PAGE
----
In cultivating their leadership style, women have to be conscious of which traits they cultivate and which ones they suppress. Compared to their male counterparts, there are sharp differences in what they are expected to show and what they can “get away with”.
A common fallacy among some female executives is that they need to act like men to get ahead in organizations. But from our systematic work with executives on Switzerland’s Institute for Management Development (IMD) all-female Strategic Leadership program, the answer is not so straightforward. The challenge is actually two-fold: women must live up to collective expectations of what makes a leader, while at the same time remaining true to certain gender expectations.
About the Authors
Ginka Toegel ([email protected]) is a professor of leadership at IMD, Lausanne. She is the Program Director of Strategies for Leadership – a program for senior women executives – and Mobilizing People – a leadership development program. Her current research interests focus on factors that influence leadership effectiveness, processing negative emotions at the workplace, and diversity in organizations.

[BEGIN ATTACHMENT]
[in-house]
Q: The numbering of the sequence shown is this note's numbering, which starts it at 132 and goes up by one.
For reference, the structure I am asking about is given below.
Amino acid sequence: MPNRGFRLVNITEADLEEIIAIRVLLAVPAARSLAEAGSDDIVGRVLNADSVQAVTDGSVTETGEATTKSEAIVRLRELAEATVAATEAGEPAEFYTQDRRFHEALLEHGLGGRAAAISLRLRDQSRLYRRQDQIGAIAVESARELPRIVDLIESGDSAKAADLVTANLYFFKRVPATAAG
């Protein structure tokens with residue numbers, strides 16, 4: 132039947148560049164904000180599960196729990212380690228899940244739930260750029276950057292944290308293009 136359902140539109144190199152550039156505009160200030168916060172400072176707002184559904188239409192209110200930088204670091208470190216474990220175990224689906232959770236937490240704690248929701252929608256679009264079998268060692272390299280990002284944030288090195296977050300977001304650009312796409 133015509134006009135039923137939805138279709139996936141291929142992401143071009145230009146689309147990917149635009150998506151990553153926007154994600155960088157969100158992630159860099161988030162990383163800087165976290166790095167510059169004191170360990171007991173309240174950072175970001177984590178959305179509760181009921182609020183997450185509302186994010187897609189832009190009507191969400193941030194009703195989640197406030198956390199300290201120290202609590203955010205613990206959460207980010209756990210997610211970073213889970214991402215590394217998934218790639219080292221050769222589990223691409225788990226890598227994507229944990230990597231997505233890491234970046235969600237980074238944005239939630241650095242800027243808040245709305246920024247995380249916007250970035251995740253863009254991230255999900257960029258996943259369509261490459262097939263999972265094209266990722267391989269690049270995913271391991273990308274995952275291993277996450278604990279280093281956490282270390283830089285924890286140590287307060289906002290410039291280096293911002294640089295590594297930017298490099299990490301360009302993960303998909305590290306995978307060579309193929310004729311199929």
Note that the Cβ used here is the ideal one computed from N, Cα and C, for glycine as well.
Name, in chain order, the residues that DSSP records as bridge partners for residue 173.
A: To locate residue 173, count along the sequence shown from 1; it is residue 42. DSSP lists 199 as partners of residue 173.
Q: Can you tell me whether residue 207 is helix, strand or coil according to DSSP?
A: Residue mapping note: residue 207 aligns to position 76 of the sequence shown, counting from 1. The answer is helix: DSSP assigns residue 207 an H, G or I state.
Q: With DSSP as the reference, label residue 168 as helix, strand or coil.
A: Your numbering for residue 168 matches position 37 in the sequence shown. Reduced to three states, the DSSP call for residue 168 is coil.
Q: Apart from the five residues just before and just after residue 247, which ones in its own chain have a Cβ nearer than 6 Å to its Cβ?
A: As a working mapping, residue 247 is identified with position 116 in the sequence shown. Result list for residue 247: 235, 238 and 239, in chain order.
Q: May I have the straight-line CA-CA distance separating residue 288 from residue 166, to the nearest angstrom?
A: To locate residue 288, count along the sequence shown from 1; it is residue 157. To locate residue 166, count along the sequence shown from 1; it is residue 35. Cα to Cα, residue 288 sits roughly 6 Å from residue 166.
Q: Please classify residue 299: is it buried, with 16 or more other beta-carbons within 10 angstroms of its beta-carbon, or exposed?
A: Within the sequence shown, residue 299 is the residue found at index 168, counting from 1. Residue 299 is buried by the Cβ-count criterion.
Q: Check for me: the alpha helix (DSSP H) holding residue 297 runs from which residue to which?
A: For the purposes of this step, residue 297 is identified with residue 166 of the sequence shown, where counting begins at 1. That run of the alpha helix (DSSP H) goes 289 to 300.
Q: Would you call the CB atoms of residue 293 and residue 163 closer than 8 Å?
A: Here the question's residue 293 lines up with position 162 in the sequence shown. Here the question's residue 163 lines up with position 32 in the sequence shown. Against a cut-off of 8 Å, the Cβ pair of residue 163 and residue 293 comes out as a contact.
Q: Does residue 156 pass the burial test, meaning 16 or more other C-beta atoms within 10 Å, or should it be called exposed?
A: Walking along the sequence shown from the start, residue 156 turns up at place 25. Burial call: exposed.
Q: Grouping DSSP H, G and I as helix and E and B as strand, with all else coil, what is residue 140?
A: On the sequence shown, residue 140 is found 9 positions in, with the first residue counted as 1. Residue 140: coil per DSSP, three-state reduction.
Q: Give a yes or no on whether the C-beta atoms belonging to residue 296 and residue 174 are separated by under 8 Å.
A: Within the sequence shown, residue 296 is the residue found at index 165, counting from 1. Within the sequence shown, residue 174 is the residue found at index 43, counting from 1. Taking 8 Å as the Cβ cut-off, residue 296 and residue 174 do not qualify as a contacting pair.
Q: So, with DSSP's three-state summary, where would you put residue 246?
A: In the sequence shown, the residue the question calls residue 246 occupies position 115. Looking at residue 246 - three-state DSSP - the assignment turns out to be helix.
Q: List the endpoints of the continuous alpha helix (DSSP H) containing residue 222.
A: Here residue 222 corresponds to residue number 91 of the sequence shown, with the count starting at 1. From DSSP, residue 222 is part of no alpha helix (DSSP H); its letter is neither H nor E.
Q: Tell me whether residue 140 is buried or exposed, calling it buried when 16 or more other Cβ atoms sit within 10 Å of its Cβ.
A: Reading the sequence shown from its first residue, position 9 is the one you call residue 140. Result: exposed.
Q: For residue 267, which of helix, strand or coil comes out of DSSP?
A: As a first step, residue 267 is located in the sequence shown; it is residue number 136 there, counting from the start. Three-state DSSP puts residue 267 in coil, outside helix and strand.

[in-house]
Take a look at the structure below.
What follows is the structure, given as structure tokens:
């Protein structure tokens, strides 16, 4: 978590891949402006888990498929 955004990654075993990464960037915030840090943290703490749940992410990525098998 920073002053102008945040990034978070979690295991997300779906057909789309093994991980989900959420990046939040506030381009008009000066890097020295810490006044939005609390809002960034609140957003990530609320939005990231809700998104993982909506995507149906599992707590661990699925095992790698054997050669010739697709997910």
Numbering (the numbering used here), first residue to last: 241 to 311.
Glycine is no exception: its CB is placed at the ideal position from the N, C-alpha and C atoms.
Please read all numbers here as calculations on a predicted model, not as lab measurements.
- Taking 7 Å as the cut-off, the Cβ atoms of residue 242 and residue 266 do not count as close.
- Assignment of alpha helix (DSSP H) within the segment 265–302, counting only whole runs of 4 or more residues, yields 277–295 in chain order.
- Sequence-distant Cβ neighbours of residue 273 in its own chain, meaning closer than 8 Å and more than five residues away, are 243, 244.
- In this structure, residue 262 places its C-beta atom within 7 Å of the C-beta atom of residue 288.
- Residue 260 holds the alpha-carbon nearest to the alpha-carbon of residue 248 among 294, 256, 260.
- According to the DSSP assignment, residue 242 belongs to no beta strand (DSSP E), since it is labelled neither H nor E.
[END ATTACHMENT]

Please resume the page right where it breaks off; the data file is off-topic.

Dr. Jean-Louis Barsoux is a Senior Research Fellow at IMD ([email protected]). He specialises in leadership, change management and interpersonal relations. He is the co-author of several works on these topics, including Managing Across Cultures (Prentice-Hall, with Susan Schneider), The Global Challenge (McGraw-Hill, with Paul Evans and Vladimir Pucik), and The Set-Up To Fail Syndrome: How good managers cause great people to fail (Harvard Business School Press, with Jean-François Manzoni).
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